Featured Projects

Telehealth forensic mental health assessment clinic

Principal investigator: Jennifer Piel, MD, JD
Project period: July 2023–July 2024
Funder: Association of American Medical Colleges (AAMC)

Washington is currently experiencing unprecedented wait times for people in jails pending their forensic mental health evaluations. There is a backlog of criminal prosecutions that were suspended during the first two years of the COVID-19 public health emergency, resulting in a surge in demand for competency-related services. This is particularly true in rural and underserved areas where there are fewer community-based forensic mental health evaluators.

The study will evaluate the feasibility of an academic-state partnership to provide competence to stand trial and other forensic mental health evaluations through a university-based telehealth forensic assessment clinic. The study results will inform policy and programming to better serve people with mental health conditions involved in the criminal legal system.

Role of criminal defense attorneys in suicide prevention following defendant arrest

Principal Investigator: Jennifer Piel, MD, JD
Project Period: July 2022–December 2023
Funders: Mary. E Nelson Charitable Remainder Trust, Heidi Combs Trustee

This study will explore the role that criminal defense attorneys could play in reducing risk of suicide amongst recently arrested criminal defendants. Suicide is the leading cause of death in jails and the period after recent arrest may be a particularly vulnerable time for suicide. For many persons with recent arrest, their attorney is one of only a small number of persons that they encounter in the days following arrest. This proposal aims to better understand the experience of the criminal defense attorney in working with clients who have suicidal thinking or behavior; training they have received in the past; desired training (such as suicide risk identification, trauma-informed care, resources); and challenges in disclosures in light of their professional responsibility to preserve client confidences.

Update: Jennifer Piel, MD, JD, and Joellyn Sheehy, MD, contributed an entry, Criminal defense attorneys and suicide prevention (pages 8–9), to the Winter 2023 edition of the International Association of Forensic Mental Health Services Newsletter.

Deliberate indifference to suicide in corrections facilities

Principal investigators: Carol Barnes, MD and Jennifer Piel, MD, JD
Project period: January 2022–March 2023
Funder: Unfunded

Suicide is a leading cause of death in corrections facilities. In corrections facilities, legal actions against mental health professionals after a patient suicide may arise under a theory of deliberate indifference to the detainee’s risk of suicide in violation of the Eighth Amendment’s ban against cruel and unusual punishment. This is a different than standard medical malpractice, which alleges that the clinician failed below the standard of care in assessment or management of the patient’s suicide risk and that failure caused the alleged harm.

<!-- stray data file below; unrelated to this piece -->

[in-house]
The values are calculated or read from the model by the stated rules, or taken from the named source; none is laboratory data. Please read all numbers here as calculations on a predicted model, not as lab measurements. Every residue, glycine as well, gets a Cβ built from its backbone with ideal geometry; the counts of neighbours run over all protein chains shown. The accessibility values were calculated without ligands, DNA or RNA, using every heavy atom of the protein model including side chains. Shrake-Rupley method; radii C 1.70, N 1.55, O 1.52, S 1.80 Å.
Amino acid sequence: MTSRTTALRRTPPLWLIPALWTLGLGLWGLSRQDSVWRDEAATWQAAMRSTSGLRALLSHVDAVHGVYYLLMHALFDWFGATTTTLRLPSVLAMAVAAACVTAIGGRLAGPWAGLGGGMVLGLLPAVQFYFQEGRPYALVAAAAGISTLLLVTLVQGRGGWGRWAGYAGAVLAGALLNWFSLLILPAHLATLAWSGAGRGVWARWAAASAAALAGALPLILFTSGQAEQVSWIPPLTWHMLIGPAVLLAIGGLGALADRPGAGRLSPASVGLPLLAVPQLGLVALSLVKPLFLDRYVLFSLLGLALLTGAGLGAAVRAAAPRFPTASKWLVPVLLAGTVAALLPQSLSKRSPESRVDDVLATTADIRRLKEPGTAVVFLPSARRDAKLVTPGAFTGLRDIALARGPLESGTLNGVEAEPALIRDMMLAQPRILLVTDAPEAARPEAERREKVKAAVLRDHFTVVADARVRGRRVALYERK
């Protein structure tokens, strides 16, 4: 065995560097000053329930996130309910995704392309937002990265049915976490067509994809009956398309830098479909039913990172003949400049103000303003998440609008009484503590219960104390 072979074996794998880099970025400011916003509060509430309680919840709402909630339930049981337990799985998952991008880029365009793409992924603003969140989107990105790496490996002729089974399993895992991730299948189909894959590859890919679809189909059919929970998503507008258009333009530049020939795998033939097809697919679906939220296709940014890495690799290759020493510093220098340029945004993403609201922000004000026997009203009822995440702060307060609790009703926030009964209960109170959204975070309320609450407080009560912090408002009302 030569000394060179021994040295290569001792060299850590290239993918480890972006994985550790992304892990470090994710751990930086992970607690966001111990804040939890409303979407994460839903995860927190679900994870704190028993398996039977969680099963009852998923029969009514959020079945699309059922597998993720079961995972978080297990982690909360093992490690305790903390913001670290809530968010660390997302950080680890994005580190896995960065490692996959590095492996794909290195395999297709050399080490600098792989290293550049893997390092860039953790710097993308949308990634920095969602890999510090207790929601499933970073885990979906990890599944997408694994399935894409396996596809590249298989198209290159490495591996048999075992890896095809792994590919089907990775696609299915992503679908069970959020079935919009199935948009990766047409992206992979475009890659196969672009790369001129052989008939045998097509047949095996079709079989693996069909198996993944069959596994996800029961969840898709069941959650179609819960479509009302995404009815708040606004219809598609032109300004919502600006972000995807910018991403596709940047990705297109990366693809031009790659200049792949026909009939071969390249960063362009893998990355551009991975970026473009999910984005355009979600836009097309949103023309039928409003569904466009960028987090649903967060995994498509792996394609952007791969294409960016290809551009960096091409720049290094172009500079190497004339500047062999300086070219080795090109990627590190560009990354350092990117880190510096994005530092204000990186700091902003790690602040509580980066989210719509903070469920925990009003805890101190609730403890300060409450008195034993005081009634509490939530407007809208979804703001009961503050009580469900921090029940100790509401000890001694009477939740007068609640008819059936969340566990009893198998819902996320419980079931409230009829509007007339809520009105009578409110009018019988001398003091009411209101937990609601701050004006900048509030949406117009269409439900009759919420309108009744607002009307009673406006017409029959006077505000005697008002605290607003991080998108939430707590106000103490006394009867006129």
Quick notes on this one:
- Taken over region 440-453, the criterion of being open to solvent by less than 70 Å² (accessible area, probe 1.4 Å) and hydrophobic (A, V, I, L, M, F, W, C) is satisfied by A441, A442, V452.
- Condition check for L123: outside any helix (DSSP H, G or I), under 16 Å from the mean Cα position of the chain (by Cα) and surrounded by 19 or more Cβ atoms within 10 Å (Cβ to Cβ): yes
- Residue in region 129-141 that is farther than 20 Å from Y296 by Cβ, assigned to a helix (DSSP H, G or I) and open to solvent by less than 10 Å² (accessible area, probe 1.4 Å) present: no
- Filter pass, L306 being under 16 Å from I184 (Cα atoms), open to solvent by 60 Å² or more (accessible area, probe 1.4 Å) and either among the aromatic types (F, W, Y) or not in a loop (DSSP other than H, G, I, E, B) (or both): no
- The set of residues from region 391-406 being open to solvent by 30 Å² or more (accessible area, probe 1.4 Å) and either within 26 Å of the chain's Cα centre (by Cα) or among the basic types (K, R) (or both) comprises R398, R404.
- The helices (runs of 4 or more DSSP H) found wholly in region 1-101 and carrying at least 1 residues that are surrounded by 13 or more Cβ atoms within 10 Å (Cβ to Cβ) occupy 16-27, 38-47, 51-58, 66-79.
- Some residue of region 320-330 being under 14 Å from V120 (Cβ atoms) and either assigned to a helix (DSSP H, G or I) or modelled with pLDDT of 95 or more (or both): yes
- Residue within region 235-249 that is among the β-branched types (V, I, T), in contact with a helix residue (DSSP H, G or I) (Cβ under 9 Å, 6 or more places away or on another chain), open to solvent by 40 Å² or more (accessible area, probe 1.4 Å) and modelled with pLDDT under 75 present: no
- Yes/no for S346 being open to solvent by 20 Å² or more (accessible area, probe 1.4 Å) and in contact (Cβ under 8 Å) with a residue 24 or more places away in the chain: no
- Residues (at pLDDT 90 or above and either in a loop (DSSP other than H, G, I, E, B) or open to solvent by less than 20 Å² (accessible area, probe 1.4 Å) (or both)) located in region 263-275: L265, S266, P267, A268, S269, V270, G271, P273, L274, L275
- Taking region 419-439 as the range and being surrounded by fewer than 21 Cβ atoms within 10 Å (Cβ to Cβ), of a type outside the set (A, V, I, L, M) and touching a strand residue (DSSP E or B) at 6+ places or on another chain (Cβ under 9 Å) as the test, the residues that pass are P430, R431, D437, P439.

For this study, Drs. Carol Barnes and Jennifer Piel reviewed legal cases related to deliberate indifference to suicide in corrections facilities. Understanding the law of deliberate indifference is informative for suicide screening, assessment, risk management planning, and institutional policies in corrections facilities, and may shape practice to reduce the incidence of suicide.

Read “Understanding deliberate indifference to suicide in corrections facilities: A review of recent legal cases” in The Journal of Forensic Sciences.

Forensic training for general psychiatry residents

Principal investigators: Katherine Michaelsen, MD, MASc and Tobias Wasser, MD
Project period: October 2021–October 2023
Funder: AAPL Institute for Education and Research

Dr. Katherine Michaelsen, CMHPL core faculty member, together with Dr. Tobias Wasser at Yale University, is working with members of the Residency Training in Forensic Committee in the American Academy of Psychiatry and the Law (AAPL) to develop peer-reviewed online training modules on core forensic topics for general psychiatry residents.  The new modules will address civil competence and informed consent, civil commitment and the right to refuse treatment, and suicide risk assessment.

The modules will be hosted on the AAPL website, though the previously-created modules, Confidentiality and Duties to Third Parties, are currently available on the Yale website. These modules are also included as part of a model curriculum through the American Association of Directors of Psychiatric Residency Training.

Workforce innovation and leadership in forensic mental health

Principal investigator: Jennifer Piel, MD, JD
Project period: July 2022–July 2023
Funder: Sozosei Foundation

The Center for Mental Health, Policy, and the Law, through an operations grant, is developing programming in Workforce Innovation and Leadership in Forensic Mental Health to address the forensic mental health workforce shortage.

The CMHPL anticipates the programming will have a direct impact on recruitment and retention of mental health professionals who work in forensic settings, as well as other public sector and psychiatric leadership roles. Through development of high-quality training, mentorship, consultation, and leadership development programming, the CMHPL is growing the number of clinicians with knowledge and aptitude to work with persons involved in the criminal justice system. In turn, this will engender high-quality patient services to improve access and care delivery to persons involved with the justice system and reduce the risk of prolonged or repeated cycles through the system.